Bouncy ball camera start-up awarded $50K at MassChallenge (w/video)

(Nanowerk News) A bunch of cameras, electronics and LEDs packed into a rubber shell the size of a tennis ball could help firefighters or SWAT teams scout out the potentially dangerous environments they are about to enter.
bouncy camera ball
Designed by Boston-based startup Bounce Imaging, the device contains six cameras. When the ball is thrown into an unknown area, the cameras take two photographs per second and send them to a smartphone or laptop, where software knits the images into a 360-degree view of the room. The cameras capture light in the near-infrared range, and the device comes equipped with infrared LEDs, allowing it to build a full panorama of a scene even if it is poorly lit.
On October 23, Bounce Imaging was selected as a Gold Winner at MassChallenge ($50K prize), the largest startup accelerator in the world.
This are the potential uses for the bouncy ball camera:
Police around the world face an increasingly complex tactical environment. The rise of the “active shooter”, with recent incidents including Aurora and the Sikh Temple shooting, has meant that the regular patrol officer now faces “SWAT-like” situations without the training and equipment of specialized team. Bounce Imaging is developing systems to fill this need. In the coming months, Bounce Imaging will enter field testing with several police units in Massachusetts.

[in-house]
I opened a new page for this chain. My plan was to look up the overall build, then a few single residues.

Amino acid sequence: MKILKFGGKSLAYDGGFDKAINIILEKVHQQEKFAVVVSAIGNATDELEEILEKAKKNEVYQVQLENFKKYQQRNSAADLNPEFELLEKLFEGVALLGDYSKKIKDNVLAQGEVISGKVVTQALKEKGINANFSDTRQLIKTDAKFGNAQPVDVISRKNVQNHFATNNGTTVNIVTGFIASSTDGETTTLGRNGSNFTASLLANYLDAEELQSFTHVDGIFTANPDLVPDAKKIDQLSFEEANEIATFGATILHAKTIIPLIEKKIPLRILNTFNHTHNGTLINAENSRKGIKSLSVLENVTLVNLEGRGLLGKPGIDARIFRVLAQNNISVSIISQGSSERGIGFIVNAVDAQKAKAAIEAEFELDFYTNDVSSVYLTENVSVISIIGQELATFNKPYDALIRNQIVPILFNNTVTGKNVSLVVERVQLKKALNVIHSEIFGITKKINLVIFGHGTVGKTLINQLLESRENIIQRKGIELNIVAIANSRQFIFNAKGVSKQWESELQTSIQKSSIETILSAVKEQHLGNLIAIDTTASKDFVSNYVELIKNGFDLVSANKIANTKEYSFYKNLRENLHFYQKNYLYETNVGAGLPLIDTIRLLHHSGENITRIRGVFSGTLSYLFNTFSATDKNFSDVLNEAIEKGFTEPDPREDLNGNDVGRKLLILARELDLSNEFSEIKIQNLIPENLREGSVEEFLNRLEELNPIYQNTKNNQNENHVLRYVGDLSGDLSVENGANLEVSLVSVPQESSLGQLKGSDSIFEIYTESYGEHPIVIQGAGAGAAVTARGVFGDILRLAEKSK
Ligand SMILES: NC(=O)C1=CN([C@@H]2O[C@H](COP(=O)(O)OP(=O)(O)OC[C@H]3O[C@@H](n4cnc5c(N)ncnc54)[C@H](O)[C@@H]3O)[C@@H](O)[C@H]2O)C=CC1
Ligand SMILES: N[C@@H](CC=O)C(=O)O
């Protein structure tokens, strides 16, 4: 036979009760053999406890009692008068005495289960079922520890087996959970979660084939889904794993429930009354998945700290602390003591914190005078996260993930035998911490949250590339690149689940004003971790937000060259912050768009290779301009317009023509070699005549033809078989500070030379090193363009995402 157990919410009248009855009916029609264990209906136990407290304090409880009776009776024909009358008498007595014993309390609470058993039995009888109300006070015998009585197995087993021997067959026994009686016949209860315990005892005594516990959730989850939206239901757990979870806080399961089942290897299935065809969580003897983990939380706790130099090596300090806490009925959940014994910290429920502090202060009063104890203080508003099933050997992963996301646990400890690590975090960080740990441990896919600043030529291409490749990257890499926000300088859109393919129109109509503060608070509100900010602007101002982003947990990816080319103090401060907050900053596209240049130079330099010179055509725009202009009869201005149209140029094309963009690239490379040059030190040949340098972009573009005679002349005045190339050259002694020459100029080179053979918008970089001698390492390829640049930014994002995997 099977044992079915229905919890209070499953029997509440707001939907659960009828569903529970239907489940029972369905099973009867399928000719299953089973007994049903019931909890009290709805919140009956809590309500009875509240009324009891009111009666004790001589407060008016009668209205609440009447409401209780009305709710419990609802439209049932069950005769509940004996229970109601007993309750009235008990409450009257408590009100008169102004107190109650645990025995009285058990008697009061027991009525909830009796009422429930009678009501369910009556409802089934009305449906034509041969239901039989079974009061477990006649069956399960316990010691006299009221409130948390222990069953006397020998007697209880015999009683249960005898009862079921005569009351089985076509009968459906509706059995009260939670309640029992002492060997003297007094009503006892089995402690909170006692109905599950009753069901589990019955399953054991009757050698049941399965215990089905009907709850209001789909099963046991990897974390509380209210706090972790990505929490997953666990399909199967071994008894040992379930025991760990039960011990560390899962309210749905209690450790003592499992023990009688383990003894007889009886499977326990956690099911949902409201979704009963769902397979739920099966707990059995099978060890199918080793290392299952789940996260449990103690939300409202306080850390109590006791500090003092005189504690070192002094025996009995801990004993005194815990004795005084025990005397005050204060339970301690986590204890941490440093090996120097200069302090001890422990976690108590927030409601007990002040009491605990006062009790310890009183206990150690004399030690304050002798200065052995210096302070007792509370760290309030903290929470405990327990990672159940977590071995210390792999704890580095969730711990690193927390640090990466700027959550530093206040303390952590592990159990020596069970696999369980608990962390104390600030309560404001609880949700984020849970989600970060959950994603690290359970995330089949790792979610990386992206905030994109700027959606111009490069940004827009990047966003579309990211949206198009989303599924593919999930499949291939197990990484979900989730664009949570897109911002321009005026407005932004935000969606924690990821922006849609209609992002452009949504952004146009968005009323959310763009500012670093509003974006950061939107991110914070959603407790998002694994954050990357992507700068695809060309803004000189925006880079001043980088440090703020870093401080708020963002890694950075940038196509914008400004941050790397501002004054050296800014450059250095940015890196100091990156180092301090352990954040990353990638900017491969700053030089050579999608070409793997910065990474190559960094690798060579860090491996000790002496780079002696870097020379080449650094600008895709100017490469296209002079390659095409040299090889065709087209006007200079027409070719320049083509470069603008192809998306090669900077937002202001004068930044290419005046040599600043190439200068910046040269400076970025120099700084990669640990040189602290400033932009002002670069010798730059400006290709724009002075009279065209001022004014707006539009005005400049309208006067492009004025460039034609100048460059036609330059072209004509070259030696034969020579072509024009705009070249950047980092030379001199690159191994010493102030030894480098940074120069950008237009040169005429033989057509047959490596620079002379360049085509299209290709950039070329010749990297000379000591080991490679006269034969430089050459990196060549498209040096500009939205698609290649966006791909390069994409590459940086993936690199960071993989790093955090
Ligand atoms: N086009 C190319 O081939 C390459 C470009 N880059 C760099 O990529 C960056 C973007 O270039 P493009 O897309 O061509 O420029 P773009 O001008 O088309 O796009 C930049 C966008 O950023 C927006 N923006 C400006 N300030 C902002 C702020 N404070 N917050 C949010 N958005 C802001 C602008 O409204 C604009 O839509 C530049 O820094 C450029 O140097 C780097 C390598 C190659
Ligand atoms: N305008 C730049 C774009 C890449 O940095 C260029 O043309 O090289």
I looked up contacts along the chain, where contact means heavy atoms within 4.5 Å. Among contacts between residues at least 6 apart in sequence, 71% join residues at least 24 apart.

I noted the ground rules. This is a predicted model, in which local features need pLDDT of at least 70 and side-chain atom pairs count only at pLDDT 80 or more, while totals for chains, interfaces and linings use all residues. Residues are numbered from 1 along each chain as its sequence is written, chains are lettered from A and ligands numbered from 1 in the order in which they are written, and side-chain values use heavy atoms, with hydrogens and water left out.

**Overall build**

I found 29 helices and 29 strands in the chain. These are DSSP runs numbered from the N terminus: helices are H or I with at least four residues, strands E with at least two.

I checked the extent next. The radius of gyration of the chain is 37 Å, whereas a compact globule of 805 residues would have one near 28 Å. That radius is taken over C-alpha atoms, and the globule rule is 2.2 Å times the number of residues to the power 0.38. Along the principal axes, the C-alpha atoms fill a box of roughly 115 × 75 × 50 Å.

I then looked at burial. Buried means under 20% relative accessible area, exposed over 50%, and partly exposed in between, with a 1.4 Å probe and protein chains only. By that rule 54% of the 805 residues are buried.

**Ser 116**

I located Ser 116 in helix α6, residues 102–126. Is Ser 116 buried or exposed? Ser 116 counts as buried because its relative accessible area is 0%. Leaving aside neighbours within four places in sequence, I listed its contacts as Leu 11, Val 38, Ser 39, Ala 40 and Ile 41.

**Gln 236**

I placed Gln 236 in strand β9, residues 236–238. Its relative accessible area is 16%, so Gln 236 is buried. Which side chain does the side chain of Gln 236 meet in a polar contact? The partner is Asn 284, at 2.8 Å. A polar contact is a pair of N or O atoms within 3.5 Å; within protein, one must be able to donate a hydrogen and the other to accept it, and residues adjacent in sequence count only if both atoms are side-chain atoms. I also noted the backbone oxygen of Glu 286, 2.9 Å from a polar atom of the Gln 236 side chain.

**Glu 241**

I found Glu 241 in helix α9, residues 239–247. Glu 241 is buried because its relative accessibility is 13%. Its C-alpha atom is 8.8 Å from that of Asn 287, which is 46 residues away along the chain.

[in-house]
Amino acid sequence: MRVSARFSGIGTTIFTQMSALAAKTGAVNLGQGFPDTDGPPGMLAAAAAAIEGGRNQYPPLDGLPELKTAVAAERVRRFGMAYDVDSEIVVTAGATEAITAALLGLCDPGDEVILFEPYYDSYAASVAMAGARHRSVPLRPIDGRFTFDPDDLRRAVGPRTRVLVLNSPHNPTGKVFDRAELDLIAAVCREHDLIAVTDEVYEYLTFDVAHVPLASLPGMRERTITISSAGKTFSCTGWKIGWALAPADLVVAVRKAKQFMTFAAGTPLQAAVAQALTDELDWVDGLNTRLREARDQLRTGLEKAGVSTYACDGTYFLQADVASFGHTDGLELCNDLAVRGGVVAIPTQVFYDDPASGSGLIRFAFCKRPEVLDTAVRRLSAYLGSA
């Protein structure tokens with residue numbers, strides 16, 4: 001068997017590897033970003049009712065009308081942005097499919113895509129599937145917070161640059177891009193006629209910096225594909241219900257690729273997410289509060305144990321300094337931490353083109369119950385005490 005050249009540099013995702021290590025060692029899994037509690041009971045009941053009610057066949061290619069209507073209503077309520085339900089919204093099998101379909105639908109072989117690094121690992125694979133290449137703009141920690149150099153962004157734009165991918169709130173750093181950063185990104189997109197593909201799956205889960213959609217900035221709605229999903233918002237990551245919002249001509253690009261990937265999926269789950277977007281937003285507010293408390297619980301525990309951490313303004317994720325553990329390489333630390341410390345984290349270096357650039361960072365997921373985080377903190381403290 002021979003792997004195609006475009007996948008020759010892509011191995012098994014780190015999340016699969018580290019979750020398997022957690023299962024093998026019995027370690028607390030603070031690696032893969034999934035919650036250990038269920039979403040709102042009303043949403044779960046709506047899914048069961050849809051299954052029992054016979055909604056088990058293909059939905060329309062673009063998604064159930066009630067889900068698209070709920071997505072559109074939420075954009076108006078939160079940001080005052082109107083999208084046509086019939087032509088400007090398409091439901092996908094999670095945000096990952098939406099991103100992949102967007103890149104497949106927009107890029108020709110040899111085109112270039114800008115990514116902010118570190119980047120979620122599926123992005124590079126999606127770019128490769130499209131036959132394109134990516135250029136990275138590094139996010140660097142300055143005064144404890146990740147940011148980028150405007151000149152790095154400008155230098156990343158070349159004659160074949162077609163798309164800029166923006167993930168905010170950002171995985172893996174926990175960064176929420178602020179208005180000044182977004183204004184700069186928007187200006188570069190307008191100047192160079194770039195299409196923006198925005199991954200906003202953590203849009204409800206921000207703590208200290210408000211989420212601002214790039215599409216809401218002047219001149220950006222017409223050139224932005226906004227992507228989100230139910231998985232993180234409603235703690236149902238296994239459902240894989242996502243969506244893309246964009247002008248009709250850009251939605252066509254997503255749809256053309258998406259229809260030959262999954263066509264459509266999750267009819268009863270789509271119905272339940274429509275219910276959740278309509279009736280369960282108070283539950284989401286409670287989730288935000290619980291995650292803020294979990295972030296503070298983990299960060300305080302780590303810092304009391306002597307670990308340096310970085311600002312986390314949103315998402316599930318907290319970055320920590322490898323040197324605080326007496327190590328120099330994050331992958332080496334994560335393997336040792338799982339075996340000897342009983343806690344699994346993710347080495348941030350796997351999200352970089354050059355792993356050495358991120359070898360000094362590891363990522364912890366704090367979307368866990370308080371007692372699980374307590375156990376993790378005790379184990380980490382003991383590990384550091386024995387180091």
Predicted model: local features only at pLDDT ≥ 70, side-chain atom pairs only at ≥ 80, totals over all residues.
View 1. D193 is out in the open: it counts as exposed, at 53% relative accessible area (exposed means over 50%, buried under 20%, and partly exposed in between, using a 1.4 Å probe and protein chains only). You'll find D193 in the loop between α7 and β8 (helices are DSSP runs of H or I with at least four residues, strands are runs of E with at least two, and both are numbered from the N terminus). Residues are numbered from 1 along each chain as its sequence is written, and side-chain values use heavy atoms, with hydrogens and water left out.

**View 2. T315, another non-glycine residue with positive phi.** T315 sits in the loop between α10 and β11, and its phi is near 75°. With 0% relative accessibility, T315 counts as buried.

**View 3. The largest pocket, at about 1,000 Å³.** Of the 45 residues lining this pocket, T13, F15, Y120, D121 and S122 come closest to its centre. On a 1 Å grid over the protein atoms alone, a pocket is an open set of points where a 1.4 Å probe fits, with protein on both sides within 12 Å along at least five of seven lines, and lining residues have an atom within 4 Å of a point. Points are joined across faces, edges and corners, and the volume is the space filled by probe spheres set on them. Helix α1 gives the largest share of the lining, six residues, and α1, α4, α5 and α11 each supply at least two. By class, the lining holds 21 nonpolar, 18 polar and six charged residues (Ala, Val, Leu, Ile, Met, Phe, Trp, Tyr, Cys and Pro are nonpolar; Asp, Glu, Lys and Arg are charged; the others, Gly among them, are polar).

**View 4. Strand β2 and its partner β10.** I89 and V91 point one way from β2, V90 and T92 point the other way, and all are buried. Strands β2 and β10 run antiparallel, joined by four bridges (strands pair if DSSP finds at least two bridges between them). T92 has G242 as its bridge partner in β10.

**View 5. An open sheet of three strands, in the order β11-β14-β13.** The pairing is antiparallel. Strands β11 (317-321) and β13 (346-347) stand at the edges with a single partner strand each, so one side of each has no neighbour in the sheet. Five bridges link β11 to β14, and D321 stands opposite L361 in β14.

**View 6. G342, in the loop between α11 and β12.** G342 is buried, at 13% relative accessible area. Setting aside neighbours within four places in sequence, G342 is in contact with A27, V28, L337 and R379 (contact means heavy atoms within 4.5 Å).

Firefighters frequently must enter burning buildings searching for victims, putting their own lives on the line. While some larger departments have access to thermal imagers, such technologies are beyond the reach of most units. Bounce Imaging is developing low-cost sensor units that not only provide an image of a space, but also transmit relevant data like temperature and oxygen levels.
Soldiers today face a range of threats and situations in which they must see around a corner, inside a compound, or down a tunnel or sewer system. Bounce Imaging is developing systems that will not only make life-saving technologies accessible to front-line infantry – they will also reduce the likelihood of civilian casualties.
Search & rescue after a disaster is often a slow and difficult process. Bounce Imaging is developing sensors that will not only reduce the technical difficult of searching collapsed buildings, but will also help map the unfamiliar terrain of a post-disaster landscape.
Bounce Imaging’s flexible sensor platform can also be adapted to more complex tasks, such as industrial inspection or Homeland Security container inspection.
Source: Bounce Imaging